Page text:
Presentation at CalCPA Accounting and Auditing conference: “California GAAP” – A case study in valuation of donated medicine

October 16, 2019, 11:20 am

Image courtesy of CalCPA.

On October 24 at 3:55 I will be speaking at the California Society of CPAs Accounting and Auditing Conference where industry speakers and experts will provide comprehensive updates on current issues and emerging trends. The conference runs the 24th and 25th.

My topic is valuation of donated medicine in the not-for-profit community. I have the privilege of working with a 75 minute block of time.

If you are able to attend the session you will gain an understanding of the long-term enforcement effort at the federal and state level regarding valuation of donated meds. My concern is that the governor’s veto of AB 1181 is not the end of the enforcement actions considering what has happened over the last 9 years.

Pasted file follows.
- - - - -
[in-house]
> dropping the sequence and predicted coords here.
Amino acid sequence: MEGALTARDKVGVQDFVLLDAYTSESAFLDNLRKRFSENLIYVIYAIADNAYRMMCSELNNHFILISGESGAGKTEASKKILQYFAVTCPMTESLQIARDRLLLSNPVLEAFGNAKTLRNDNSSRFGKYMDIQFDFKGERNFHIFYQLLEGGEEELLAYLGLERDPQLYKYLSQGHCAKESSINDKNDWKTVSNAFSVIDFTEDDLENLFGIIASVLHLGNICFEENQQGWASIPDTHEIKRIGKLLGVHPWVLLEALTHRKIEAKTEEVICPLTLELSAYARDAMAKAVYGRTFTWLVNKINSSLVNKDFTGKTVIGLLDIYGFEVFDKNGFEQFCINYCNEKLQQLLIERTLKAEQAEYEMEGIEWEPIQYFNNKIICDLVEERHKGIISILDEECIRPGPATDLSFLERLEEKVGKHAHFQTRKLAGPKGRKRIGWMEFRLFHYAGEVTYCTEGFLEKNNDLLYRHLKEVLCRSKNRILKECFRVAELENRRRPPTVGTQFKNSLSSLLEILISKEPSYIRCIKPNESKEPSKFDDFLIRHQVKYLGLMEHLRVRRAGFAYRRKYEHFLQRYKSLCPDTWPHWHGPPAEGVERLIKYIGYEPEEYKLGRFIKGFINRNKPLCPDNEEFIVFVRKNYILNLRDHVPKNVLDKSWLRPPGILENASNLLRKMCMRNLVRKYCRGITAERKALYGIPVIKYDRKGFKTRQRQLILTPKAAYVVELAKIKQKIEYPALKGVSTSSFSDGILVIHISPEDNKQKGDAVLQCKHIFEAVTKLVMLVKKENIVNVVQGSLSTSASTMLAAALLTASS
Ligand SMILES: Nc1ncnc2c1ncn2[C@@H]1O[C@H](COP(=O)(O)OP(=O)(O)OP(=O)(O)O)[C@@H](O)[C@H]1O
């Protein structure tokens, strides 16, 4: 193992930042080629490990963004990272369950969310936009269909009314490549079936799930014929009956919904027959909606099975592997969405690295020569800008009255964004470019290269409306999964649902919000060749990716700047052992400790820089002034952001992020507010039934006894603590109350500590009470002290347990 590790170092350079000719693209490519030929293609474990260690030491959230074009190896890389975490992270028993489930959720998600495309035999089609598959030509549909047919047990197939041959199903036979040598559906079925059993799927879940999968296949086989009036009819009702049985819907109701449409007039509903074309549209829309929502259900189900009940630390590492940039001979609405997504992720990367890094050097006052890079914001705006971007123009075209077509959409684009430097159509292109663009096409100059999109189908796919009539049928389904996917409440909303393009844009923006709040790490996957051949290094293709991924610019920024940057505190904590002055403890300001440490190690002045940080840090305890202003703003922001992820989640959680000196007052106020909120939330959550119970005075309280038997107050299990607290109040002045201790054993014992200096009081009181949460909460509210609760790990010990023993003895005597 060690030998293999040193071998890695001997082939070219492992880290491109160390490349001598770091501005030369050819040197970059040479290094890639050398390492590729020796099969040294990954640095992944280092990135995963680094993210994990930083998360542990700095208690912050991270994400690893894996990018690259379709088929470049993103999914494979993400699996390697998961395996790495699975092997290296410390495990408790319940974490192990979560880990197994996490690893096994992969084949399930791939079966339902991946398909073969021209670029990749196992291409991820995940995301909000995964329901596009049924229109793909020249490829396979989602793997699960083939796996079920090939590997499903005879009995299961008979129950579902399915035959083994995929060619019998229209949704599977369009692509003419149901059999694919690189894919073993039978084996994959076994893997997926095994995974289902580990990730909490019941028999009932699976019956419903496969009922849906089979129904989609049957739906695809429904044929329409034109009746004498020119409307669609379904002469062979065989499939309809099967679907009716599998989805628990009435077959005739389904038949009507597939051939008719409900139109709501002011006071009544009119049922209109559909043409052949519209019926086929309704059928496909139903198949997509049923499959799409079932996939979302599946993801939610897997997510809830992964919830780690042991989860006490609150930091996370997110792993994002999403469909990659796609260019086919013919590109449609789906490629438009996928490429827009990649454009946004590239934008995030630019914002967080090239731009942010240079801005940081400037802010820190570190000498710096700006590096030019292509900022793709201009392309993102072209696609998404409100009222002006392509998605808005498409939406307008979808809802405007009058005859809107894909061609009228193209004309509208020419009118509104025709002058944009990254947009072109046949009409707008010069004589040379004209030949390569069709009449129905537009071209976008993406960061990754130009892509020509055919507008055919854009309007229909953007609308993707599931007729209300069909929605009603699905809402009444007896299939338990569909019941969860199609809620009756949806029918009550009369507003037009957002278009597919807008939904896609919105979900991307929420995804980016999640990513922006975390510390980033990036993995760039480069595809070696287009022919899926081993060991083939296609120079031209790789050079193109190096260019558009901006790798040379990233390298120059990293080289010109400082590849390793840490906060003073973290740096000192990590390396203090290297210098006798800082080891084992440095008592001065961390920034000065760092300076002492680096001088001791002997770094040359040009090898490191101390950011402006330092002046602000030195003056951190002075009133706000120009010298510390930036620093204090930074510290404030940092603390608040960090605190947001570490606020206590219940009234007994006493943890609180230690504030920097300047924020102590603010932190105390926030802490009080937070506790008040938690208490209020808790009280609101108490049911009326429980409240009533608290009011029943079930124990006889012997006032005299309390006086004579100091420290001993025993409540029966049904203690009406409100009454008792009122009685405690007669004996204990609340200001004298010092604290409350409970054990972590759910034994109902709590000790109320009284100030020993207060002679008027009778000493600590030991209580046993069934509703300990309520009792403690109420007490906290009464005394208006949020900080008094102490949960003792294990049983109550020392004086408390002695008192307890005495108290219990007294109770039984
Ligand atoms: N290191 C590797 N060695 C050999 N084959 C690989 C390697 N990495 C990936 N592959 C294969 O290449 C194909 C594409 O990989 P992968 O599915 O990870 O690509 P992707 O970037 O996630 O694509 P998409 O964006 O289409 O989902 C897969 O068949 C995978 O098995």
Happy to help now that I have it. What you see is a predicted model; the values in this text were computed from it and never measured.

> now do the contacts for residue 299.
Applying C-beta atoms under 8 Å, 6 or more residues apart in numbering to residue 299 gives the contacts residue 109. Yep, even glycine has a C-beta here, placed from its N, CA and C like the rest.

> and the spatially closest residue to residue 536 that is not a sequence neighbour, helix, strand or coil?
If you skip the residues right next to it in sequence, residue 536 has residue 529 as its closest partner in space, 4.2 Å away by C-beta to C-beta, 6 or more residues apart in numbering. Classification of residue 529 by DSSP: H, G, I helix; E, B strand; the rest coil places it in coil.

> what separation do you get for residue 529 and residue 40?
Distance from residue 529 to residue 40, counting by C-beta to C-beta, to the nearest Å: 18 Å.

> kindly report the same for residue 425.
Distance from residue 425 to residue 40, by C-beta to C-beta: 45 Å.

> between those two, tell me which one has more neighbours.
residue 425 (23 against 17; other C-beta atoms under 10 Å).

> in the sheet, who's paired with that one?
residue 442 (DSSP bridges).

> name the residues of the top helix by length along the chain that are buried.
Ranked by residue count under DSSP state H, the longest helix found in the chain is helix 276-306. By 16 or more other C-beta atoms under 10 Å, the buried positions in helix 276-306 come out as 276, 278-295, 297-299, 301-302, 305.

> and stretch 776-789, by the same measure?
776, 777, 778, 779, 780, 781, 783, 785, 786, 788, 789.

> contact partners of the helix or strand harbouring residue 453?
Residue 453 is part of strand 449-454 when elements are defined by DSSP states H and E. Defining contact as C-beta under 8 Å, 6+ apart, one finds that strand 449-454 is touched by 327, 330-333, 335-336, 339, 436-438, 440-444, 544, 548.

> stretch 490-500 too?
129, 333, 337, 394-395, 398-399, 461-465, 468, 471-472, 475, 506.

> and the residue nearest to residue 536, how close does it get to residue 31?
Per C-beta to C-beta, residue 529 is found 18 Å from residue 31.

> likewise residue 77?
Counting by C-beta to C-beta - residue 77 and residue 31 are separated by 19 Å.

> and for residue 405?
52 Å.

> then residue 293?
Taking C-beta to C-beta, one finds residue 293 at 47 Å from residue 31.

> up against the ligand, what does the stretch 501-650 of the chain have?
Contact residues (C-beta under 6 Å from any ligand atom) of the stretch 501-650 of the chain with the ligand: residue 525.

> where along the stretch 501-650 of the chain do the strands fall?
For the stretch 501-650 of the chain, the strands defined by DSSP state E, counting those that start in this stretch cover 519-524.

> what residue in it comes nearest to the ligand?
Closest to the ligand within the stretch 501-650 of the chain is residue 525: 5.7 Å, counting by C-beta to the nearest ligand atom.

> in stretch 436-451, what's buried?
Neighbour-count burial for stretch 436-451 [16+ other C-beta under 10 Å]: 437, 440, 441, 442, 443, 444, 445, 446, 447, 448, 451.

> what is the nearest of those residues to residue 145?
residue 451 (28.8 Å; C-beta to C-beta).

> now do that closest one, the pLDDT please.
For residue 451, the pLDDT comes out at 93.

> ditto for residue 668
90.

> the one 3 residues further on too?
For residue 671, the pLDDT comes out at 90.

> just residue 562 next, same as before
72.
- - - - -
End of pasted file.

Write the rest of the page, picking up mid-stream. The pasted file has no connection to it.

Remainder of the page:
Title of the session is “California GAAP” – A case study in valuation of donated medicine.

Overview of the session from the conference schedule:

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Repost: 2018 nonprofit risk alert is available. New edition adds discussion on valuation of GIK as rebuttal to California AG.

March 29, 2019, 8:15 am

Image courtesy of Adobe Stock.

Update:  This is a repost of an article on June 11, 2018. As I mentioned last summer, some newly added comments in this risk alert entered heavily into the decision by an Administrative Law Judge finding the charities complied with GAAP.

Some particular items of note for those who enjoy deep inside-baseball tidbits from the accounting world: 

  • discussion of GIK, especially paragraph .53 was added this year,